Lorenzo's Oil (1993) - 4/5 - For his second non-Mad Max feature, George Miller adapts the real-life story of Augusto and Michaela Odone as they try to find a cure for their son, the titular Lorenzo. It may seem like a departure for the director, but Miller adapts this moving story in a way that's far from typical Oscar bait, weaving in his own directorial flourishes. Despite a runtime which feels too long, this is an emotional story which casts a light on ALD. While Nick Nolte gives a particularly an out of place accent, this is a tremendous showcase for the cast.

Hellraiser: Hellseeker (2002) - 3/5 - Considering how bad this franchises direct-to-DVD sequels have been, this wasn't bad. While they could have splurged for some decent lighting, this was a pretty engaging tale about somebody's sins coming home to roost. Dean Winters does decently in the lead role, as his character struggles to discern reality from fiction, even if it just makes me want to stick on Jacob's Ladder instead. The biggest struggle comes from this film trying to connect to the Hellraiser franchise, with the return of Kirsty Cotton feeling tacked on and even a bit out of character. Though if that's my biggest issue with a sequel in this franchise, that isn't too bad.

Biggest Surprise: Moonstruck

A Quiet Place Part II (2021) - 4/5 - 2018's A Quiet Place was a fantastic premise utilised so well, following a family trying to survive in silence to not attract sound-sensitive alien monsters. It made for a unique cinema experience, and worries about recapturing what worked are quelled early on. The sequel begins by taking you off-guard, charting back to Day 1 of the aliens arriving complete with sound, before continuing immediately after the first film. This time serving as sole screenwriter alongside directorial duties, John Krasinski does solid work expanding upon the initial premise to chart a new course for this family. While some characters and instances felt like plot contrivances, it doesn't undermine how tense and nerve-shredding the proceedings can get. Millicent Simmonds remains the MVP among a terrific cast, as the story occurs from her characters perspective, but Cillian Murphy is a close second. With the franchise continuing thanks to a spin-off, I can see story threads here where that film could branch off from, but I'd be happy to leave the Abbott family for a while. For now, two films following them is good enough.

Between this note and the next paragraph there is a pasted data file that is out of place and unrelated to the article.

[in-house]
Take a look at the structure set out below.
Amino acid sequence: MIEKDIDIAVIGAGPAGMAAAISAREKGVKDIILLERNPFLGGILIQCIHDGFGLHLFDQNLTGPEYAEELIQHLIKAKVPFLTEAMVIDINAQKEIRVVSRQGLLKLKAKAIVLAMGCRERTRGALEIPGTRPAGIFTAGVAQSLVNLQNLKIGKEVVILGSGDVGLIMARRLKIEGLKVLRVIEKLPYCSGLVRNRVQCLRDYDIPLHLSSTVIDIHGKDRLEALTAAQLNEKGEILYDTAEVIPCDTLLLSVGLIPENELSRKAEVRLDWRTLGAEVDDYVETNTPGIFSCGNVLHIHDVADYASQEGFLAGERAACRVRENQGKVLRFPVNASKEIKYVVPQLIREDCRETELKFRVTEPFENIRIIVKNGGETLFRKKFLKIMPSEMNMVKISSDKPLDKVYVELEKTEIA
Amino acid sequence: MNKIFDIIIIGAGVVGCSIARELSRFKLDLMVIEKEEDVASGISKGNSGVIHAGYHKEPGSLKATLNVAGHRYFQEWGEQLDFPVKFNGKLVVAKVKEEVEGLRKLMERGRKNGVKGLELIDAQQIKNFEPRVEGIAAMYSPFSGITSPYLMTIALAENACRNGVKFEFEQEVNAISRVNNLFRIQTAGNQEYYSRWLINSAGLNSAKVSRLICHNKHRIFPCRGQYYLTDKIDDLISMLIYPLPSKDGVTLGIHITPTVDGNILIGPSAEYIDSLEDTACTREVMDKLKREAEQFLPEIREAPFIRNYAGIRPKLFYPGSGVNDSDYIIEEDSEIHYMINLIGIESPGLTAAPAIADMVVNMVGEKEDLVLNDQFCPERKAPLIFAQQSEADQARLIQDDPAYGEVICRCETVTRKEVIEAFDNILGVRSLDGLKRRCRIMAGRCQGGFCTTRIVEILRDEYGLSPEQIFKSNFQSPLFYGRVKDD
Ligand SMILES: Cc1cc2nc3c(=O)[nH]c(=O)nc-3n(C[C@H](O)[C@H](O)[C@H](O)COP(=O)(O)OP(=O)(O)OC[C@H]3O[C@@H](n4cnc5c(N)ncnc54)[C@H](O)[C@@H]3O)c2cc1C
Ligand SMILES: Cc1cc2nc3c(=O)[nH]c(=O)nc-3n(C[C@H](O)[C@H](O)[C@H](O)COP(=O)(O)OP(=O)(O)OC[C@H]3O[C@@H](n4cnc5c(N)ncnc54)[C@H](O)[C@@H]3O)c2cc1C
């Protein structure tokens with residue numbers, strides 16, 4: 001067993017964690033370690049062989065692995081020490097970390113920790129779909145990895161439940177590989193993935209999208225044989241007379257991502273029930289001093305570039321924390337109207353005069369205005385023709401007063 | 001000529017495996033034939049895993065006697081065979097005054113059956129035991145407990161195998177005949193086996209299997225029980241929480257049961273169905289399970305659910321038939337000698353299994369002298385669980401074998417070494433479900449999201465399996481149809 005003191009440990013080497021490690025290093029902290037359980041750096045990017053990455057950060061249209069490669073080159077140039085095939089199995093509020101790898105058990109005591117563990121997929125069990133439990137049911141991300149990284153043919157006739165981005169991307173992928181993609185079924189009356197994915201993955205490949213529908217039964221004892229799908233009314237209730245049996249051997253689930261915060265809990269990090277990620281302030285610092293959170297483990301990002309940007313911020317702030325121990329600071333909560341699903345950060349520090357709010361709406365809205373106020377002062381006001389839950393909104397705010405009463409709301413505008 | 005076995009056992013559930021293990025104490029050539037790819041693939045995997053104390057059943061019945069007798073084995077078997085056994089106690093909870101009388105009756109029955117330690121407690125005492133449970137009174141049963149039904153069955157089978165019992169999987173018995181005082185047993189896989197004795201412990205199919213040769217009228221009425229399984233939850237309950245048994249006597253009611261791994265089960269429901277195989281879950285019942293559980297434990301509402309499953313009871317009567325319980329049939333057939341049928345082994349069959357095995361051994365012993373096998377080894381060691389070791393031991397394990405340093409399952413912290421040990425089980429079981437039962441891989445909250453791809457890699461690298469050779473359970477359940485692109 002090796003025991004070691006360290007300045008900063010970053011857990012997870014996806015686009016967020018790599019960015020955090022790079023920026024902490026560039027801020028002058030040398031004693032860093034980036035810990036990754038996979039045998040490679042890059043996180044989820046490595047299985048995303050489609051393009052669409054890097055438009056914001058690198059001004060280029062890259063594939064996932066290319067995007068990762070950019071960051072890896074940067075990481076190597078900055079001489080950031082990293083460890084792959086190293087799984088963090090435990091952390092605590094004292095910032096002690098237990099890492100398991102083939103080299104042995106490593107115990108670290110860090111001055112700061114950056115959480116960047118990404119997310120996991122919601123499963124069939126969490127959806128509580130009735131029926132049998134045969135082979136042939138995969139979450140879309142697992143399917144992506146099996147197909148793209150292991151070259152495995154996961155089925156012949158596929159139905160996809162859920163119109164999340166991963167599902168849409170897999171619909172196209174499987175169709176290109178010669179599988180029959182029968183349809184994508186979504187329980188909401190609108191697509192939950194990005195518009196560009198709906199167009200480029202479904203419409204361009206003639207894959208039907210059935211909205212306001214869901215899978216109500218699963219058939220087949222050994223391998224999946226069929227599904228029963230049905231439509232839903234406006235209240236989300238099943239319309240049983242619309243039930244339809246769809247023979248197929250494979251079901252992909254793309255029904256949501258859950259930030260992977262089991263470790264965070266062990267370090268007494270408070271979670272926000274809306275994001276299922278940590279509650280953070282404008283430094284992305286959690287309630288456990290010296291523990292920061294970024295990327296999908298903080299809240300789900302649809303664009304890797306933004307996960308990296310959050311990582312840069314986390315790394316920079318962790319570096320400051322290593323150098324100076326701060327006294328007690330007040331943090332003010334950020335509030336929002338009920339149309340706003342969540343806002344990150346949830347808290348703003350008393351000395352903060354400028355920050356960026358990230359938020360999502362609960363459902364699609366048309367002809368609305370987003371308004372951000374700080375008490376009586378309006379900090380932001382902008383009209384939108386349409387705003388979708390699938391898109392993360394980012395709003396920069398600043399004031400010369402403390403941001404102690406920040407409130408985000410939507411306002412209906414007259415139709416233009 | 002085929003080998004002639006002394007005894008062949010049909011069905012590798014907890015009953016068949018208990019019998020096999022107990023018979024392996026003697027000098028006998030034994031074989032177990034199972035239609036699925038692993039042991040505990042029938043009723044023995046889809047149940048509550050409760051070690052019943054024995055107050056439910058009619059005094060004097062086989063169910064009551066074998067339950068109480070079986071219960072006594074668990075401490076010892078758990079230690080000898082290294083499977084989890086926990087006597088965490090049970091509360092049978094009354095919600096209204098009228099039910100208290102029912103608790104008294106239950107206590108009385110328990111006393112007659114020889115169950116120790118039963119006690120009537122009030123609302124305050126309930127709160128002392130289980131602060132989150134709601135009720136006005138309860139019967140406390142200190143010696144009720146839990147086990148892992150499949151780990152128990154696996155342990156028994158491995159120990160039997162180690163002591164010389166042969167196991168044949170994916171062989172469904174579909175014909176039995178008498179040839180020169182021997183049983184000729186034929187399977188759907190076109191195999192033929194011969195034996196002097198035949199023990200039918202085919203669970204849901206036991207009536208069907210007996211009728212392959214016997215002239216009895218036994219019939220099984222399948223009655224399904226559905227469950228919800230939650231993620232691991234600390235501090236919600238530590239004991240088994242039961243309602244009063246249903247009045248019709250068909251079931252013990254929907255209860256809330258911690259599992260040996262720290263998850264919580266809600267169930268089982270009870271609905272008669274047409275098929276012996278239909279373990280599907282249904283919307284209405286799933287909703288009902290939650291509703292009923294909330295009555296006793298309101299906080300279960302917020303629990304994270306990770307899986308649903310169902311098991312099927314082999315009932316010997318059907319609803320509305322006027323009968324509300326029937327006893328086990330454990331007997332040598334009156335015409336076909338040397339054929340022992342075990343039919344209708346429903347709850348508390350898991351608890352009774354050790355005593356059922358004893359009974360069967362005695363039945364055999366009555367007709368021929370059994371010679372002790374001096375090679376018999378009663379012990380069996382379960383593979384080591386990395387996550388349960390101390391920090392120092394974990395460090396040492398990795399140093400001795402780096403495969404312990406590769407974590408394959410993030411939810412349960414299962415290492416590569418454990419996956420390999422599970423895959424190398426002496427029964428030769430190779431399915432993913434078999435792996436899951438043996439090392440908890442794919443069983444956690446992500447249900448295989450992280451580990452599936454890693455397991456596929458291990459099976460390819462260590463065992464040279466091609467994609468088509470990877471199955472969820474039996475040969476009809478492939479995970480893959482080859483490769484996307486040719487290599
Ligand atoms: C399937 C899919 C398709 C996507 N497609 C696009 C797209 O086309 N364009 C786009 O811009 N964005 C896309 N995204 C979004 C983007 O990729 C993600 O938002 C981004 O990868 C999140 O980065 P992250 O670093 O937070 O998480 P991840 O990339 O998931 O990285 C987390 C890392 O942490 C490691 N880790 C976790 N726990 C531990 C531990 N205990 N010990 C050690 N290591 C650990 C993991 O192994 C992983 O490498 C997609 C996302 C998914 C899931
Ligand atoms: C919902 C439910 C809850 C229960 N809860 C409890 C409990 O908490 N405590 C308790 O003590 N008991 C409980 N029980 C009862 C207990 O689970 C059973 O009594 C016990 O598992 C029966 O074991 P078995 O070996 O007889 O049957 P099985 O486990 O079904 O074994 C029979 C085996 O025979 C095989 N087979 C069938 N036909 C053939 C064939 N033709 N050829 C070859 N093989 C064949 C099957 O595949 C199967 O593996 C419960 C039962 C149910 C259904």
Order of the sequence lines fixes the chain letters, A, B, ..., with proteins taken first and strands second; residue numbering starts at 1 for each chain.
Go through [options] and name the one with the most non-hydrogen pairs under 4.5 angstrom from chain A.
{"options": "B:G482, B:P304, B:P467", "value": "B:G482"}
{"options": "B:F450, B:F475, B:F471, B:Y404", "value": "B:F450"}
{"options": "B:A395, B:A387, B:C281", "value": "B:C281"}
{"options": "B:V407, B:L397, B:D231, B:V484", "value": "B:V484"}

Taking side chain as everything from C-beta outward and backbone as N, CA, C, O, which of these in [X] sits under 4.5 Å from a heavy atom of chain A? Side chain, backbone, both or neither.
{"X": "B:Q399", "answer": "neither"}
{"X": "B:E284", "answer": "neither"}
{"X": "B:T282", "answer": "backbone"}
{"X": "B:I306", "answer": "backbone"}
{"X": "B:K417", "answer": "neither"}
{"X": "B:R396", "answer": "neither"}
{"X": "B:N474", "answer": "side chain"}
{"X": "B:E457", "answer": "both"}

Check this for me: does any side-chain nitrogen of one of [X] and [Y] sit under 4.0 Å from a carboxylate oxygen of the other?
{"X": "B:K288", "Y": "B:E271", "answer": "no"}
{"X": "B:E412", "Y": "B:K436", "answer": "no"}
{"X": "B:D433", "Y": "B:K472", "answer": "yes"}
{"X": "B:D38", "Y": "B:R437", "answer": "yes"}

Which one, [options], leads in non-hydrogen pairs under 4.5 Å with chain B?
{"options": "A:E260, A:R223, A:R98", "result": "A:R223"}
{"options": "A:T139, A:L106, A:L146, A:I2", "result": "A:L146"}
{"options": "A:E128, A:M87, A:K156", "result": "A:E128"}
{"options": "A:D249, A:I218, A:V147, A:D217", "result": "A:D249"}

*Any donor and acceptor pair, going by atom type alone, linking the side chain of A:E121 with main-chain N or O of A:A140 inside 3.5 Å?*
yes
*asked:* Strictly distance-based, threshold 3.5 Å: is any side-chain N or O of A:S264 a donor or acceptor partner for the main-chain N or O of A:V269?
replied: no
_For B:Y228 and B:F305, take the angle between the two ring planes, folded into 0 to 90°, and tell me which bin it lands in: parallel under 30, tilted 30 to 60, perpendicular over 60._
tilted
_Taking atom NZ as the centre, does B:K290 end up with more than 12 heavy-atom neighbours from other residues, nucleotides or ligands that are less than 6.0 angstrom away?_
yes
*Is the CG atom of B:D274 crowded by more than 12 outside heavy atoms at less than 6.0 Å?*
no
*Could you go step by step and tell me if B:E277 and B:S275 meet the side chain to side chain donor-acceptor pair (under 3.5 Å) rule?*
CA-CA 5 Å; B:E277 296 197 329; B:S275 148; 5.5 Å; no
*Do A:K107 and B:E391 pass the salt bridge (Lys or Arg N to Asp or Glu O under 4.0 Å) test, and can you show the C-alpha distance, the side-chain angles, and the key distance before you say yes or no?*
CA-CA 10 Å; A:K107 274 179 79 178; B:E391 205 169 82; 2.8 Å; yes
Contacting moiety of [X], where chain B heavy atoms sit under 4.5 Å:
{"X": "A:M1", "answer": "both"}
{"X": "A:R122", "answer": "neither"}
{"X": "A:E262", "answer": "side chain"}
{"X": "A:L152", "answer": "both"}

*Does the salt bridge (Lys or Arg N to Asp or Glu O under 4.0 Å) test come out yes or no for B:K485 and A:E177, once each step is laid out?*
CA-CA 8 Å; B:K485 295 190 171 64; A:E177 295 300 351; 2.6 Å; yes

Hellraiser: Deader (2005) - 1.5/5 - The Hellraiser franchise is pretty notorious for having original scripts rewritten to forcibly include Pinhead and the cenobites, resulting in the most tenuous connections being made. Of all the direct-to-DVD sequels which pulled this trick, this feels the most blatant about it so far. Clive Barker's creations make only 3 appearances, and while they liven up the proceedings, it's notable how out of place they feel within this film. What's left is a ham-fisted and cheap-looking horror film, as an American reporter in London travels to Romania, all in the sake of investigating a cult being resurrected by their over-the-top leader. On its own, this would've been something forgettable teenage me would've watched late at night because nothing else was on. Connected to this franchise, it's somehow one of the worse entries.

Tyger Tyger (2021) - 1/5 - An aimless road-trip through a sweltering landscape, the best this film can offer is dime-store philosophy.

Worst film of the month: Fateful Findings

Unearth (2021) - 3.5/5 - An effective eco-horror born from corporate greed, as the bottom-line comes before peoples lives.

Fateful Findings (2014) [rewatch] - 0/5 - A second viewing to enjoy my brothers first experience of this, and I still have no fucking clue what I've watched. It feels like Neil Breen wanted to make porn, but chickened out so cobbled any old shit together.

Moonstruck (1987) - 4.5/5 - Consider me absolutely over the moon for this film. Writer John Patrick Shanley and director Norman Jewison bring alive this sweet love story, as saddened characters just try to make their lives a little less gloomy. Core to the tale are the magnetic performances of Cher and Nicolas Cage, as their characters of Loretta and Ronny are still reeling from their former relationships ending. The pair find comfort in each other, despite Loretta being engaged to Ronny's doltish brother, resulting in a tale which had me laughing and emotional throughout, hoping all would turn out okay for these unlucky romantics.

Another Round (2020) [rewatch] - 4.5/5 - What an absolute pleasure it was to see this on the big screen. It remains a humorous, touching, and even-handed depiction of alcohol, as utilised by 40-something teachers facing a mid-life crisis. From beginning to unforgettable end, this is an exceptional film, and just another reason to spread the good word of Mads Mikkelsen.

Best film of the month: Dinner In America
Best film seen in cinemas: Another Round
Best film watched for the first time: Dinner In America
Best film rewatched: Another Round
Biggest Disappointment: Tyger Tyger
Biggest Surprise: Moonstruck
Worst film of the month: Fateful Findings

Number of films watched: 21